While dietary supplement regulatory oversight currently falls within a division of FDA, established after the passage of the Dietary Supplement Health and Education Act (DSHEA) in 1994, the growth of the industry and concomitant regulatory challenges over the past 20 years have some in the industry suggesting the Division of Dietary Supplement Programs (DDSP) should be elevated to “office" status within the Center for Food Safety and Applied Nutrition (CFSAN). Currently, the DDSP is downstream from the Office of Nutrition, Labeling and Dietary Supplements (ONLDS), one of 10 offices within CFSAN; CFSAN is one of nine offices and centers under FDA.
In a letter to Stephen Ostroff, M.D., FDA’s acting commissioner, the heads of the Consumer Healthcare Products Association (CHPA), Council for Responsible Nutrition (CRN), Natural Products Association (NPA) and United Natural Products Alliance (UNPA), suggested the change would provide appropriate attention to an industry seeing strong consumer interest, advancing science and new regulatory challenges.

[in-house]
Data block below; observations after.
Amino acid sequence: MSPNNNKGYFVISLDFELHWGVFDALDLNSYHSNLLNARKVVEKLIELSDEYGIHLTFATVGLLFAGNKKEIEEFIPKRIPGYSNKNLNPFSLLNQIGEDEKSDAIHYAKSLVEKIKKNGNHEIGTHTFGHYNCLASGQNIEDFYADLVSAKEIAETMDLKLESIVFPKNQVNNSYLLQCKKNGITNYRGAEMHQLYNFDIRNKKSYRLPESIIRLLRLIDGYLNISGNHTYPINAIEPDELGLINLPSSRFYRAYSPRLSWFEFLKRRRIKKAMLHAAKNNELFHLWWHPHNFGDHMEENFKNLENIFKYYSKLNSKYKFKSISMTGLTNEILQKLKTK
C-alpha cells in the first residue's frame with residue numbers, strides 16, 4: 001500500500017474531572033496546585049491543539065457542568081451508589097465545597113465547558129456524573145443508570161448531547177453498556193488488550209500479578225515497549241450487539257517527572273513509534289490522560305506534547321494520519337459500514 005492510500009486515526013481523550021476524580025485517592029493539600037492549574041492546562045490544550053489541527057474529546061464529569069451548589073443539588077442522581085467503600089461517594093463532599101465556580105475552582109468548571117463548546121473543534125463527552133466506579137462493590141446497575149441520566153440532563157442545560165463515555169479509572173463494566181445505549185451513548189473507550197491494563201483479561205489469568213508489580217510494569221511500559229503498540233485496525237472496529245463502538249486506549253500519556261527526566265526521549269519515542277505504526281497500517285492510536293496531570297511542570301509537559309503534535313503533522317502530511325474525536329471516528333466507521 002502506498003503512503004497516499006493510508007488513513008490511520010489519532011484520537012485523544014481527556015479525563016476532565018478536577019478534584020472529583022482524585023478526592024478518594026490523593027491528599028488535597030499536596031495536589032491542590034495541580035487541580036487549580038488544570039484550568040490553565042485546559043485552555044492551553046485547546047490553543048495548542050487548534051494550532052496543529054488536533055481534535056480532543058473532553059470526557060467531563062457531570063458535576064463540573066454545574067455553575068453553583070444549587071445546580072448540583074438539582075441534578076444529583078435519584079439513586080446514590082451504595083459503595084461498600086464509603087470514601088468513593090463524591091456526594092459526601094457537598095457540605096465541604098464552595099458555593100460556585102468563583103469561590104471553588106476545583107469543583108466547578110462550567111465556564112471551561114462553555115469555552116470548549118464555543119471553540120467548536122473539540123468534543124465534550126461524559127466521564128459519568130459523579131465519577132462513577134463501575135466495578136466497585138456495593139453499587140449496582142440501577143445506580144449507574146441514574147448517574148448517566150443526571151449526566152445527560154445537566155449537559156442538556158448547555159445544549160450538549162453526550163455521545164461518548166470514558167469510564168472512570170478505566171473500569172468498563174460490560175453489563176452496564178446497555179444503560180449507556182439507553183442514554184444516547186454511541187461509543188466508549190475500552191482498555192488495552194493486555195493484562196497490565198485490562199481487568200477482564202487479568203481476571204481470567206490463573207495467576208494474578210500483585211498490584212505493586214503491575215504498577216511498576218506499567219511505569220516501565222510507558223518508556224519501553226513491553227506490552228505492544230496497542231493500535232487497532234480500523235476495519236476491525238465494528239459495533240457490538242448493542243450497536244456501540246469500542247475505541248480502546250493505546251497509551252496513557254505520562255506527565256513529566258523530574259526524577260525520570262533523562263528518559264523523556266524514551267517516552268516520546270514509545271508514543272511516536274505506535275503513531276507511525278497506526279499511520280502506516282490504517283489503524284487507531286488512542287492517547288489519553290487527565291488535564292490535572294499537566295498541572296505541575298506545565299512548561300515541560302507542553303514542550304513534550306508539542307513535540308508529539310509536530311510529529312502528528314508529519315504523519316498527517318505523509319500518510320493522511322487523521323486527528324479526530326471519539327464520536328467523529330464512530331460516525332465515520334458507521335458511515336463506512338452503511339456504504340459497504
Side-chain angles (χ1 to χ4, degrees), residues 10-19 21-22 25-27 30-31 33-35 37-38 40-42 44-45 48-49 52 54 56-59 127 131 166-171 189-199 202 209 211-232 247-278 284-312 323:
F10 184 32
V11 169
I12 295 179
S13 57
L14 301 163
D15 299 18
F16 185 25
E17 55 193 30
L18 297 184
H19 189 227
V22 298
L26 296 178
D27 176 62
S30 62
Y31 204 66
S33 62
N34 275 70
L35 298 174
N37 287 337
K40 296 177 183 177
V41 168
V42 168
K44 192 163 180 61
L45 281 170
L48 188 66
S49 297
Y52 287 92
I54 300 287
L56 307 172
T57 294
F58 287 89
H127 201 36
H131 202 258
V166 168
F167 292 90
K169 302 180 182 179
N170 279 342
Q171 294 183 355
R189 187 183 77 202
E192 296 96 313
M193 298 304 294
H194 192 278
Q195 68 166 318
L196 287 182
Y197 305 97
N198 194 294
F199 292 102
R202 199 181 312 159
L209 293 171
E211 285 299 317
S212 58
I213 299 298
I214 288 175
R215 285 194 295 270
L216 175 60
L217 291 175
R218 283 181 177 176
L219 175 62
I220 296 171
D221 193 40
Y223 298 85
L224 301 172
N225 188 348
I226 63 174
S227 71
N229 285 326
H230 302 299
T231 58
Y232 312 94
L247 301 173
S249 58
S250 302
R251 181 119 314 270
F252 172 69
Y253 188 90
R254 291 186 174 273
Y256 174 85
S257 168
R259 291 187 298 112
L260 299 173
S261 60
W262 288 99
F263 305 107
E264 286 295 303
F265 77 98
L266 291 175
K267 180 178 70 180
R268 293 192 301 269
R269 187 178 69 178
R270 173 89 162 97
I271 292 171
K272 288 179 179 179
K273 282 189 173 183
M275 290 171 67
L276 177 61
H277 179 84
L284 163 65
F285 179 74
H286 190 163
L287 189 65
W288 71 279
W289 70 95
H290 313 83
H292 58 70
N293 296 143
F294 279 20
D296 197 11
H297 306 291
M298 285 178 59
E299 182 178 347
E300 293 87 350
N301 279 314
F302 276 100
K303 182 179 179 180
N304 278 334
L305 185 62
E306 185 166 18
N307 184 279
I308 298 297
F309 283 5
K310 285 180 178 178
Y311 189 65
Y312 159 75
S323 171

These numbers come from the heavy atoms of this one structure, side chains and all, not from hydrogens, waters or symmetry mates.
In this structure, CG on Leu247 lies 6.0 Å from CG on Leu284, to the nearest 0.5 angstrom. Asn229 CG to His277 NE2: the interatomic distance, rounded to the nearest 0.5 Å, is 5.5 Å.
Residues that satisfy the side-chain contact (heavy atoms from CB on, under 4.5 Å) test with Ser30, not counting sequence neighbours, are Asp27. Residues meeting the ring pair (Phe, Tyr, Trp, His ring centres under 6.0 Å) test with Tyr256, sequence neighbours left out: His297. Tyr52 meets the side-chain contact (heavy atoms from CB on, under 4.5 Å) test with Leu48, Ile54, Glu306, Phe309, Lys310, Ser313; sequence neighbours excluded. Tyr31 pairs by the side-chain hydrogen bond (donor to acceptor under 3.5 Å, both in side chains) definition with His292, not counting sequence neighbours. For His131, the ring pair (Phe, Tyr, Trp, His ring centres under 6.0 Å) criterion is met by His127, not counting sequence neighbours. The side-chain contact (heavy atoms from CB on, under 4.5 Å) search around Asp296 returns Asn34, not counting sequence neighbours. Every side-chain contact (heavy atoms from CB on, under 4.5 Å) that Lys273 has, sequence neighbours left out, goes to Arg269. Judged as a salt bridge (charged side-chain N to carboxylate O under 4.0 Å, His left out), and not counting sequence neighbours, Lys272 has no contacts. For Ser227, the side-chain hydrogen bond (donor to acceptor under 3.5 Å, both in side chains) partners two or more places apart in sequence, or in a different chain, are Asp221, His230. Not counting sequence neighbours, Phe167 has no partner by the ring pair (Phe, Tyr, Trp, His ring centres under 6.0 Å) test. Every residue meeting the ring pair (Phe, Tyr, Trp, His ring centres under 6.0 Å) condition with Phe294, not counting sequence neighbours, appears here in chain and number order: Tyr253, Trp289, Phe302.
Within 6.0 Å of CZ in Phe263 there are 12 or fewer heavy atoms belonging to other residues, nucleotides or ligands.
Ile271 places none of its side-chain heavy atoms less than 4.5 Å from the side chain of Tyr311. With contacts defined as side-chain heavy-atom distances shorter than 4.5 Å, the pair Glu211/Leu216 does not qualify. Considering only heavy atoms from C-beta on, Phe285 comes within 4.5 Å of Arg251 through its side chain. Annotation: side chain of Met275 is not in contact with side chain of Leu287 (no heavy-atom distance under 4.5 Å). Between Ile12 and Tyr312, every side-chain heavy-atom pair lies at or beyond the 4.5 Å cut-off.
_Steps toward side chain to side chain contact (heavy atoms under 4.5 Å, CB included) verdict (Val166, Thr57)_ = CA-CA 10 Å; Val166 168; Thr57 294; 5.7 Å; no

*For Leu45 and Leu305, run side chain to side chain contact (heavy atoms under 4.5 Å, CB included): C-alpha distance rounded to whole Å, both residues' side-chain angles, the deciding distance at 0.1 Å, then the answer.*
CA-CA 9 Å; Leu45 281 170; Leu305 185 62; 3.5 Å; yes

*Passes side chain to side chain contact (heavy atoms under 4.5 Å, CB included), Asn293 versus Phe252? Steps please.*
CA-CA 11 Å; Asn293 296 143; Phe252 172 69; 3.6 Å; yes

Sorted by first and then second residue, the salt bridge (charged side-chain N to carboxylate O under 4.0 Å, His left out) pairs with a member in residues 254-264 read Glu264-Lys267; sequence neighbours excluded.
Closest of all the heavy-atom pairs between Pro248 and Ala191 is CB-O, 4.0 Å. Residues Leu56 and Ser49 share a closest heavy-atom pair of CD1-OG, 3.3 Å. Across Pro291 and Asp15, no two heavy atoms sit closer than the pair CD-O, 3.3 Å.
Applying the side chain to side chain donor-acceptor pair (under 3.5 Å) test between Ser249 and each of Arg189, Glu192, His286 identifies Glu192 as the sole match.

Loren Israelsen, UNPA president, commented: “Elevation of the Division of Dietary Supplement Programs to an office status would allow the current division to better operate within the FDA structure, by providing it with more funding, autonomy and more direct lines of reporting. Further, such a move would provide additional significance to dietary supplement issues and hopefully create a more robust environment for them within FDA."
The timing for a “more robust" environment is now, according to the association heads, as they noted in the letter they have consistently encouraged FDA to engage in stronger enforcement activities against companies and individuals marketing “dietary supplements" that contain drug compounds. The letter stated: “[E]levating DDSP’s status to an Office could help to increase FDA’s abilities to take more aggressive enforcement action; and better utilize CFSAN’s compliance and enforcement resources than it currently does as a ‘Division’ where it competes with other divisions for enforcement priorities within [ONLDS]."